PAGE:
- The Pug heads the list as a most charming, adaptable, playfulm, and affectionate dog for elders. They don’t need much exercise, they’re small and fit into limited spaces easily.
- The Schnauzer comes second as an energetic, trainable, and playful dog with acute guarding instincts.
- Third on the list are Cocker Spaniels, known for their medium-size, even temperament and affectionate, happy and loyal nature. They are energetic and need to be groomed regularly.
- The pocket dog or the Chihuahua is one of the smallest dogs available and are known to be protective and loyal. They, however, need training before being exposed to children and also tend to bark quite a bit. They are active but get enough exercise by running around indoors.
- Number five on the list is the Boston terrier, which is of a manageable size, is friendly, and needs minimal grooming and love being in the company of their owners. They are usually bred to be companions and love curling up with their owners on sofas and beds. They are playful and happy-go-lucky, yet attentive to the needs of their owners.
- The Shih Tzu tends to be a bit noisy but are also playful, friendly and alert dogs. Small in size, they are ideal for apartments. With a bit of regular exercise, they remain healthy and are generally long-lived. Their long-haired, luxurious coat, however, needs regular devoted grooming.
- As an elderly person, if you want a pet dog, why not flip the switch for a Beagle. These cute, loyal, funny, and friendly dogs enjoy human company as also the company of other dogs. They love playing and make sparkling family dogs. They may also be of an independent nature, which makes training them a challenge. They also need a fair amount of exercise. Shedding, however, is a problem but grooming them is easy with some regular brushing.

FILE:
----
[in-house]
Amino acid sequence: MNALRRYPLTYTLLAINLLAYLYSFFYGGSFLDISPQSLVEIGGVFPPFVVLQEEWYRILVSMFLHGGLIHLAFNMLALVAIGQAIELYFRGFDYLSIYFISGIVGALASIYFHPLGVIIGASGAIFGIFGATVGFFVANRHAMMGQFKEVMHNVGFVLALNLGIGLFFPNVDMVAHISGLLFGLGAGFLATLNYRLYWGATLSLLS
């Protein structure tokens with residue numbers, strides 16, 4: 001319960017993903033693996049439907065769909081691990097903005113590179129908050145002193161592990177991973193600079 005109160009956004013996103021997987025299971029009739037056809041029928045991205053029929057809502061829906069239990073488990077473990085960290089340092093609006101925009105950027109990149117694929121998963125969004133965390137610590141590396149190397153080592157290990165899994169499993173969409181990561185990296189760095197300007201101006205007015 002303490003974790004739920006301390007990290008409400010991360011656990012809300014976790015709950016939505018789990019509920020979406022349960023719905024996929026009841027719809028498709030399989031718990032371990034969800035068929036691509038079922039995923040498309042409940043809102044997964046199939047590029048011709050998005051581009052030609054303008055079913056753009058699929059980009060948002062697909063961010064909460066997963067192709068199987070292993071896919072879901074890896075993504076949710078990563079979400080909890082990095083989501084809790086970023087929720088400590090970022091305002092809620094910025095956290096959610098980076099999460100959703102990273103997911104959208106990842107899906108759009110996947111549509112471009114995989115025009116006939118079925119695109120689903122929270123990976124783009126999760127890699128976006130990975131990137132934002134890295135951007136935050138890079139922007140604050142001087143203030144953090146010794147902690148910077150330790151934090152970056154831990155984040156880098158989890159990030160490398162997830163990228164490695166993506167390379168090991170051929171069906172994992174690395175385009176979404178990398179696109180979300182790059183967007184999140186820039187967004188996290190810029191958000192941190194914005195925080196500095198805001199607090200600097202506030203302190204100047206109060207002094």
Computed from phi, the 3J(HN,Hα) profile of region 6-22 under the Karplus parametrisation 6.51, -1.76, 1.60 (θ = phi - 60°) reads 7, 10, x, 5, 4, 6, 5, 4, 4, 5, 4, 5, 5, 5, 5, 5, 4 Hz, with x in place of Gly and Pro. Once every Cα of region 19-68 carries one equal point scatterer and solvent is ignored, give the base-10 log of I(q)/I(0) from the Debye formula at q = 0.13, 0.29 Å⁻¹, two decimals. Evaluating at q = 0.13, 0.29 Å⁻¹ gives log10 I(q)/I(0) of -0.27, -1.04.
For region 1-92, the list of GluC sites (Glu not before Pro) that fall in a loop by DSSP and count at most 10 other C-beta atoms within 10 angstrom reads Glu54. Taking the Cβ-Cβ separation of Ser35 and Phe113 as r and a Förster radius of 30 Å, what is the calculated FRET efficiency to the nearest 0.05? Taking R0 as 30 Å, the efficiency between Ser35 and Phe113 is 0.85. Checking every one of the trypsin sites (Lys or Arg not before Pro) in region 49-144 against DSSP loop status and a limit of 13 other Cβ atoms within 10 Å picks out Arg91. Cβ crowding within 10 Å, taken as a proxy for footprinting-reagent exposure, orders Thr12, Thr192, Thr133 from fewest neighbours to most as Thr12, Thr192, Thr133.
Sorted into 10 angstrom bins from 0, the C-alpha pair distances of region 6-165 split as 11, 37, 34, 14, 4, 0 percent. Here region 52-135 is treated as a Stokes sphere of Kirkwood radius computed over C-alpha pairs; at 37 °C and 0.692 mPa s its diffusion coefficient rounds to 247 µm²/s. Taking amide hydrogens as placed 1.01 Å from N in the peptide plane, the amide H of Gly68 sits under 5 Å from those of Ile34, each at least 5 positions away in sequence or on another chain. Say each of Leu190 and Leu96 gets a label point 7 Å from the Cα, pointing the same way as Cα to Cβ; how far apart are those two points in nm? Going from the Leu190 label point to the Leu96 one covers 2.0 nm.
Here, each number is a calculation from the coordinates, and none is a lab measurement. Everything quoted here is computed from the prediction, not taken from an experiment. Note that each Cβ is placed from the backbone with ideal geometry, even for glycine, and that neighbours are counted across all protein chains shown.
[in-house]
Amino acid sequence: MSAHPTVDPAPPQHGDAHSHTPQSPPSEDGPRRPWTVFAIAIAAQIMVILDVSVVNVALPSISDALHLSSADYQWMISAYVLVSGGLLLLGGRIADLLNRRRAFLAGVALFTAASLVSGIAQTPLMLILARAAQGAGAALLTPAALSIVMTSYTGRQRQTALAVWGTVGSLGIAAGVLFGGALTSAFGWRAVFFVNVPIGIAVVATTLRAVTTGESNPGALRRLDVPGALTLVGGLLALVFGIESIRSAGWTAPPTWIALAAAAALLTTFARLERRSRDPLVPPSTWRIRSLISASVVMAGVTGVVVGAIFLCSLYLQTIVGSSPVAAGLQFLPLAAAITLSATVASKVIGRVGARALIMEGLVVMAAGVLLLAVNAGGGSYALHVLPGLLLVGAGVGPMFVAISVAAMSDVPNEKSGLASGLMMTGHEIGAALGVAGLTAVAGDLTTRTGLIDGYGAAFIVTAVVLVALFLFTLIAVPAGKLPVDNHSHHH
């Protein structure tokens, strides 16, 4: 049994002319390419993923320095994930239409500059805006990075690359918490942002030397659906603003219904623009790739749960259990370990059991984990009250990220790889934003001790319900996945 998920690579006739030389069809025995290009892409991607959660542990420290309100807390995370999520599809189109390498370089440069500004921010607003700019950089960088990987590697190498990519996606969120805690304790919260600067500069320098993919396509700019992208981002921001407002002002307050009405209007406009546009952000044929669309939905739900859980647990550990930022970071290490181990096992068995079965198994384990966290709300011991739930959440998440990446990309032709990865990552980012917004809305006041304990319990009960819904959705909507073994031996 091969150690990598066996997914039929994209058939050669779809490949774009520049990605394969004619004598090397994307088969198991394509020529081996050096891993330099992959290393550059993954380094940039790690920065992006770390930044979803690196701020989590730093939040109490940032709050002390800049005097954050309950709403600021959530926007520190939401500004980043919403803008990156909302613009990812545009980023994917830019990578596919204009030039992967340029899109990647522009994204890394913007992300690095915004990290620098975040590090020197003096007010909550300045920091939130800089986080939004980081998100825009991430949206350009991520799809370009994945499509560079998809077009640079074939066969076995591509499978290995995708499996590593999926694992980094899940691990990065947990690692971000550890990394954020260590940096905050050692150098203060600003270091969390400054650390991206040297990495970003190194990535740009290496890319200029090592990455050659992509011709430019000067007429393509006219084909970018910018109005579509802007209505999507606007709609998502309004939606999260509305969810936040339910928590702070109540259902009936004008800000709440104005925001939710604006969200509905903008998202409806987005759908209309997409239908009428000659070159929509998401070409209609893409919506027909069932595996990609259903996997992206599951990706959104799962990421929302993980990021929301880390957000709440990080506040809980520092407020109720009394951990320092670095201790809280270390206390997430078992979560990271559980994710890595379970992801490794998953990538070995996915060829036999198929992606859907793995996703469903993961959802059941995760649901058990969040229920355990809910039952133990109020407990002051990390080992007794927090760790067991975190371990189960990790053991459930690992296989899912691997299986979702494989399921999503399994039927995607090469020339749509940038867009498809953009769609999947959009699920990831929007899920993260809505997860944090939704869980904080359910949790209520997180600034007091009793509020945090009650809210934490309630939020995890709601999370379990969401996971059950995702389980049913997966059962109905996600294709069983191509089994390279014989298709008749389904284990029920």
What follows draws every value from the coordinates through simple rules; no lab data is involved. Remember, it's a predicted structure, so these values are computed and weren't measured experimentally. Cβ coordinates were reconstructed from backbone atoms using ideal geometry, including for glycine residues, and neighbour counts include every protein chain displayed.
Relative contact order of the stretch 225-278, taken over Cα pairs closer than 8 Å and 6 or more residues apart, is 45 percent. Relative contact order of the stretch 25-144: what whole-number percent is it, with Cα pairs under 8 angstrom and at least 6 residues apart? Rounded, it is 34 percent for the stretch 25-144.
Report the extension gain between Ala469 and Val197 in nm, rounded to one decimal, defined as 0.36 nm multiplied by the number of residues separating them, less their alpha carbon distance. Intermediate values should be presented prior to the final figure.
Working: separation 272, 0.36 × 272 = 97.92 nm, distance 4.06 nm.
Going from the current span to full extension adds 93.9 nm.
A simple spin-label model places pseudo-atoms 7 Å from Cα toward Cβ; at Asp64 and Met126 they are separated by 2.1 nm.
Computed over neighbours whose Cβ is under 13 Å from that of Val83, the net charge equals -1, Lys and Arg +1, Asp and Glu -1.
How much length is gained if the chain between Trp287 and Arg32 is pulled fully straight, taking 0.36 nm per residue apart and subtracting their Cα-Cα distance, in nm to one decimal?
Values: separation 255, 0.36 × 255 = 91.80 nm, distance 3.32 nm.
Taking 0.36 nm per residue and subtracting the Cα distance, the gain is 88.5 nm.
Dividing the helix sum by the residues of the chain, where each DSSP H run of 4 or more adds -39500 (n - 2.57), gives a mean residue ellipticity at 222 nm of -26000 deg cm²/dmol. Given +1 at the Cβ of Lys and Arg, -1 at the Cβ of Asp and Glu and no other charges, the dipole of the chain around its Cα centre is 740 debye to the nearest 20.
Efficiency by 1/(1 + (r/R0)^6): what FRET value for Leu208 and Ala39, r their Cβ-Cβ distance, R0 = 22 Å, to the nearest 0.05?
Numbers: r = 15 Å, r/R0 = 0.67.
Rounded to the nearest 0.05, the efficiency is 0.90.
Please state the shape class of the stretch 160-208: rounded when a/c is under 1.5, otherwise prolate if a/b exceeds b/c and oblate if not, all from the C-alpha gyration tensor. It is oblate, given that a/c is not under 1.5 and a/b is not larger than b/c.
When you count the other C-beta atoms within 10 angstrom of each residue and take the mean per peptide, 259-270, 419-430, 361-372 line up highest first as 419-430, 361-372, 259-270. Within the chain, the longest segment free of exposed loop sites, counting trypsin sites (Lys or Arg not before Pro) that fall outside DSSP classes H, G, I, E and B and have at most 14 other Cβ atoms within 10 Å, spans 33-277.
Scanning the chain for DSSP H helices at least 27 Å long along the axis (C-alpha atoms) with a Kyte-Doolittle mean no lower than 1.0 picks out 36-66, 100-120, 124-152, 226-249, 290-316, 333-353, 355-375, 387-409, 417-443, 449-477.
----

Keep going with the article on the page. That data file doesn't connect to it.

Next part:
- 9, and 10. Last but not least, Poodles, Yorkshire Terriers, and Pommeranians make marvelous companions for the elderly because of their convenient sizes, friendly temperament, and ease of maintenance.
Research has repeatedly shown that pet ownership among seniors benefits them mentally, physically, and emotionally, particularly if it’s a dog. Dogs are great companions who provide physical exercise and opportunities to socialize among the elderly and the lonely. Any senior is at liberty to choose a dog the demands of which are commensurate with his own physical limitations and needs. Dogs have a poignant therapeutic value and their company enhances the flow of feel-good hormones in the human body and brain. This lowers stress, blood pressure, heart rate, and reduces the risk of cardiac disease, depression, and stroke. How to choose a dog for a senior When choosing a dog for an elderly person, you need to see its breed first. For older people, a very big or energetic dog may not be appropriate. Their grooming requirements, trainability levels, health issues, age, temperament towards old people, the owner’s own present physical condition and limitations and, more importantly, his personal financial resources to take care of the dog need to be considered very carefully before making a selection. The best breeds for the elderly The following 10 breeds have been the most recommended for the elderly.